The ultimate is just the fact that it’s Daytona. I grew up going there to watch races, and that’s what ultimately got me thinking and dreaming about going stock car racing. I grew up watching my grandfather race, so I’ve always had a passion for racing, but to go there and watch it on a professional level and want to do that, it makes Daytona a really cool place for me.

(Photo: Matthew T. Thacker/NKP)
Working with separate teammates for three consecutive years has offered a unique opportunity and challenge for Almirola’s No. 43 team. (Photo: Matthew T. Thacker/NKP)

Bearden: RPM’s had their troubles on the Cup side this year. Has being able to go down to the XFINITY Series and get some races under your belt been good for the team, and also for you?

Almirola: The XFINITY opportunities that I’ve had with Biagi-Denbeste Racing have been sponsor driven, but at the same time it’s been an opportunity for me to go and have fun.

The Cup side is very stressful. Every lap of practice matters. Every race matters. Everything matters.

You’ve got to run good for your sponsors. You’ve got to run good for your team. There’s just a lot of pressure, and in a year like we’re having this year when things aren’t going right, and you’re not getting the finishes you want, and the cars aren’t running the way we want them to, it really is somewhat therapeutic to go and run the XFINITY car.

It kind of gets you back to why you actually race in the first place. On the Cup level, in seasons like we’re having now, it becomes work. I get to drive a race car for a living, and I realize that I’m blessed and fortunate to do that, but when things aren’t going right it certainly becomes work, becomes a job. So to have that luxury to go and run and XFINITY car and do it with no pressure, no points on the line, purely to go have fun, it’s a great opportunity for me.

It really is therapeutic, and gives me an opportunity to go race and do what I love to do without the extra pressure and stress.

Bearden: When you’re having a down year like 2016, what sort of goals do you set for yourself for the rest of the season? How do you notice improvement?

Almirola: For us, I think we’ve really got to set attainable goals so we can try to meet some goals before the end of the year.

For us it’s really just getting back to being competitive. Where we’re at in points, the Chase is going to be really, really challenging. It would take practically a miracle to make that happen. We’ve just go to get back to where we can run competitive, run in the top 15 and do the things we’d been doing really well for the past couple years.

For whatever reason we haven’t been able to do that this year, so we’ve got to get back to that.

Bearden: You’ve had three separate teammates in the past three years between Marcos Ambrose, Sam Hornish, Jr. and Brian Scott. What has that dynamic been like for you?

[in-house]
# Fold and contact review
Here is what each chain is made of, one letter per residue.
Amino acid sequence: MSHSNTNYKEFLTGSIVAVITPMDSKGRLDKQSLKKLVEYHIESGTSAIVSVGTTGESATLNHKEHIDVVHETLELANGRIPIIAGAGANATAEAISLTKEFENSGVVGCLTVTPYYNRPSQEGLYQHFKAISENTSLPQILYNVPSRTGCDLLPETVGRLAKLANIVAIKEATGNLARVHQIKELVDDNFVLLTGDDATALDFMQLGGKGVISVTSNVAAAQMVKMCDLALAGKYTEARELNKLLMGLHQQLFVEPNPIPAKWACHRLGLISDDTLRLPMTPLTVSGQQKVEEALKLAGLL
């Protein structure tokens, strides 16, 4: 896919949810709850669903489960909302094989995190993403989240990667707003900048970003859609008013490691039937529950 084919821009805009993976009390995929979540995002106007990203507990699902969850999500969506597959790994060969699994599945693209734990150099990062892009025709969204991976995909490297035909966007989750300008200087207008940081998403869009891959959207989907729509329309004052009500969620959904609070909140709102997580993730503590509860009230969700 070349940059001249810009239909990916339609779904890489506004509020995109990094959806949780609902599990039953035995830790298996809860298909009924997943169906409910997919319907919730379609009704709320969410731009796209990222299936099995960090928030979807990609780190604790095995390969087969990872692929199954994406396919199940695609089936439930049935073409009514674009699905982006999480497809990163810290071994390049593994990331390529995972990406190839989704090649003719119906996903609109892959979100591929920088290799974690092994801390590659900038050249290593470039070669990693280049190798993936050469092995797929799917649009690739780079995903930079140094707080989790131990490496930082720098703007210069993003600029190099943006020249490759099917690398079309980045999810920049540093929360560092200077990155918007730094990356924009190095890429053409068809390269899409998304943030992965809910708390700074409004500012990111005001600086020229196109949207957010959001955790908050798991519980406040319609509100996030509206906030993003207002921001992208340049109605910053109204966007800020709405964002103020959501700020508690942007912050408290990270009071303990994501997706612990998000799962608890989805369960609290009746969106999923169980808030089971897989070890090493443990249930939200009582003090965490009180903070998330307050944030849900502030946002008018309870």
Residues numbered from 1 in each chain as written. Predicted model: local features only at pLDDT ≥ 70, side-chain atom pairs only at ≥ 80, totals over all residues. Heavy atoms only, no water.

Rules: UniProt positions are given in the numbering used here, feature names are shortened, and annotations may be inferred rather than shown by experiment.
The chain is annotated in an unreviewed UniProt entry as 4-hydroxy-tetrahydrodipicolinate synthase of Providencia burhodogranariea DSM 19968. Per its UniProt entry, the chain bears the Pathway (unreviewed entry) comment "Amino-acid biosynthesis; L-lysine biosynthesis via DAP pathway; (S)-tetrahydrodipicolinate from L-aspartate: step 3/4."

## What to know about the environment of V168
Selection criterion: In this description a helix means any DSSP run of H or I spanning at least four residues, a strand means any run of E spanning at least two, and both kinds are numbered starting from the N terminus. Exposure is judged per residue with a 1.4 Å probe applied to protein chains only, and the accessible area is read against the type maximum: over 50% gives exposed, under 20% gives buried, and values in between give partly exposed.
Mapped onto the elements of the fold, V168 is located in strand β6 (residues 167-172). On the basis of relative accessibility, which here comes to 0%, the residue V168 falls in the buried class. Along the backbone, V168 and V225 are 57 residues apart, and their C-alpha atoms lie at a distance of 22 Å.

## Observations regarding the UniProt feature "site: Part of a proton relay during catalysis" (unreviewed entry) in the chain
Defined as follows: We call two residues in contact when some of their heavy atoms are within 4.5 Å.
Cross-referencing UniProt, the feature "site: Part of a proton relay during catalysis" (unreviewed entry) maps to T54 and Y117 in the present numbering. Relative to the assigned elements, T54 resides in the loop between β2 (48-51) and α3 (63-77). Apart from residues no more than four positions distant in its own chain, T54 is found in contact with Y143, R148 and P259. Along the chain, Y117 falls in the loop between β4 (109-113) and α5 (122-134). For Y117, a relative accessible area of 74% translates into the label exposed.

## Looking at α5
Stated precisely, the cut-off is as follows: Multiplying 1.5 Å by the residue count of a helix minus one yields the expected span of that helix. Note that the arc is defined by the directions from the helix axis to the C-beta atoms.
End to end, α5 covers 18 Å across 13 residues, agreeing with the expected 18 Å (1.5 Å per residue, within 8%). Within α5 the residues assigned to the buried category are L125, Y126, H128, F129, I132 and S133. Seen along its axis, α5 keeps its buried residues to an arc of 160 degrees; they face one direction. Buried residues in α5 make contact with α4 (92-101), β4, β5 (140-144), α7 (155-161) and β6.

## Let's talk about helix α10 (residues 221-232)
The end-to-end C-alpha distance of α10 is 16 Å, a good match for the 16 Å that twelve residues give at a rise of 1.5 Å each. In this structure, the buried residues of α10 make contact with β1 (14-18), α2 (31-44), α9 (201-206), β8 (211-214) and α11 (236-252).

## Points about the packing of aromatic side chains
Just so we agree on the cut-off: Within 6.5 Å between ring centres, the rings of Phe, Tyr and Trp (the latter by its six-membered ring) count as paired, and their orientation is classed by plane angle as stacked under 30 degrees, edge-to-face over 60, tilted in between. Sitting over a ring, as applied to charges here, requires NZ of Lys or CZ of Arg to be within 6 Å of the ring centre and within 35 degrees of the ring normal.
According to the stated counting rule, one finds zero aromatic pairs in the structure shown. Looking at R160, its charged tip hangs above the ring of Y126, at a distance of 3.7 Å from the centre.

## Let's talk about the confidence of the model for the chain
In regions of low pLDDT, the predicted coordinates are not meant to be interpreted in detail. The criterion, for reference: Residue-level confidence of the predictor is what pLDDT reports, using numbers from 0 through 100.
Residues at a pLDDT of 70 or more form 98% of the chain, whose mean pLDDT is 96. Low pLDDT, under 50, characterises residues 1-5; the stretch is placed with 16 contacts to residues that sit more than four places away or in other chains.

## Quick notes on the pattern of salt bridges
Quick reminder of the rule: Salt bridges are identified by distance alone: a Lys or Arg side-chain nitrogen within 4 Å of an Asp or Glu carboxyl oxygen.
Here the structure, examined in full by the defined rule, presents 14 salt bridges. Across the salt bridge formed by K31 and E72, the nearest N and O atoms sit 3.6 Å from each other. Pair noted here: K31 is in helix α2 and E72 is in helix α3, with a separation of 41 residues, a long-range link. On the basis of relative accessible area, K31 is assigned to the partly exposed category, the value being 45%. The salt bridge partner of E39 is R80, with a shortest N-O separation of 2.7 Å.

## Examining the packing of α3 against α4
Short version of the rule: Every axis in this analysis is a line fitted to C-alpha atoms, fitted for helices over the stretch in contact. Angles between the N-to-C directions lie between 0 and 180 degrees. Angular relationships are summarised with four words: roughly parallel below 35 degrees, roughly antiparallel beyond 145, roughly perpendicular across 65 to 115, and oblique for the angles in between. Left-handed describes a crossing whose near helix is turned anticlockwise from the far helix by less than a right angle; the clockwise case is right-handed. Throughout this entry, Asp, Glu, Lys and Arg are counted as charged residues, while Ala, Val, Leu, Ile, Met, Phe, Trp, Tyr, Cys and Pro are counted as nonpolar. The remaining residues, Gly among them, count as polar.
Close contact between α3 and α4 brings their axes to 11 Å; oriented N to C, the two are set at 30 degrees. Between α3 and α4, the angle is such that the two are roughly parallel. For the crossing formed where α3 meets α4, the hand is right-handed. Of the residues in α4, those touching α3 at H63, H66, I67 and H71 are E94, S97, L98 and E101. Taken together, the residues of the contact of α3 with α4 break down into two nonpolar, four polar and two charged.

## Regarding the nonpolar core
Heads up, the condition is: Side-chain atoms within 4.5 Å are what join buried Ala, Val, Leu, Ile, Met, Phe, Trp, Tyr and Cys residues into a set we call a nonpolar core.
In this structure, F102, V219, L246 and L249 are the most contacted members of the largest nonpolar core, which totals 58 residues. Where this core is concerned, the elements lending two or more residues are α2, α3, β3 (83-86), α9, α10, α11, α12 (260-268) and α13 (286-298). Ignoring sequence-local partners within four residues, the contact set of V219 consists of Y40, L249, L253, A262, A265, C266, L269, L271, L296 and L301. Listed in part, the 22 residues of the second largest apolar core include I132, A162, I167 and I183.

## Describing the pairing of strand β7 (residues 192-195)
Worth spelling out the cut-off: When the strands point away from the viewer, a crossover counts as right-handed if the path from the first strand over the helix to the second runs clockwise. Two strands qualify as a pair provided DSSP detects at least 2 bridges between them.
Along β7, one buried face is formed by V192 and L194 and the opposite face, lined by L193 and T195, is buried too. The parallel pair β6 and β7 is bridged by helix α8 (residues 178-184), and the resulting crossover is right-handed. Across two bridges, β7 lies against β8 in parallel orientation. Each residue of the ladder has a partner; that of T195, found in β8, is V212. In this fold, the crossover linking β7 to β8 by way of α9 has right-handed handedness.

Almirola: It’s been good. I’m a people person anyways, so it’s been good to have somebody fresh come in that last couple of years, and try to bring some new energy from the race track.

But at the same time, it’s been equally challenging. As nice and fun as it is to have somebody new come in and be excited, pumped up and ready to go. There’s also challenges that it brings. Having to learn a new teammate again, having to learn their driving styles.

When they say their car’s driving good, handling good, what does that mean? How can I apply that to my race car?

From that standpoint, it has been challenging. To try and go over the last three years having three different teammates, it makes it much more difficult for me and for the No. 43 team to be able to always look at our teammate’s car setups. We’ve constantly had different crew chiefs and different drivers in that car over the last three years. It’s hard to adapt and understand when they say they’re happy with their car, what it means and how to apply it to our race car.

Bearden: What are your thoughts on this low downforce package you’ve been running at Kentucky and Michigan?

Almirola: So far, I think it’s been an improvement from what we’ve had. I think there’s still room for more improvement and NASCAR knows that. They’re continuing to look at ways to make the racing better.

Ultimately that’s what the drivers want, what NASCAR wants and what the fans want. We all want to be able to race around each other, pass cars. You want to be able to see a car that’s fast be able to drive through the field and not get aero-tight or aero-loose and be drastically affected by track position.

I think NASCAR’s continuing to work hard on that, and I think this is another step in the right direction, and they’ll continue to work on it and make it better.

About the author

A graduate of Ball State, Aaron rejoins Frontstretch for his second season in 2016 following a successful year that included covering seven races and starting the popular "Two-Headed Monster" column in 2015. Now in his third year of covering motorsports, Aaron serves as an Assistant Editor for Frontstretch while also contributing to other popular sites including Speed51 and The Apex. He encourages you to come say hi when you see him at the track.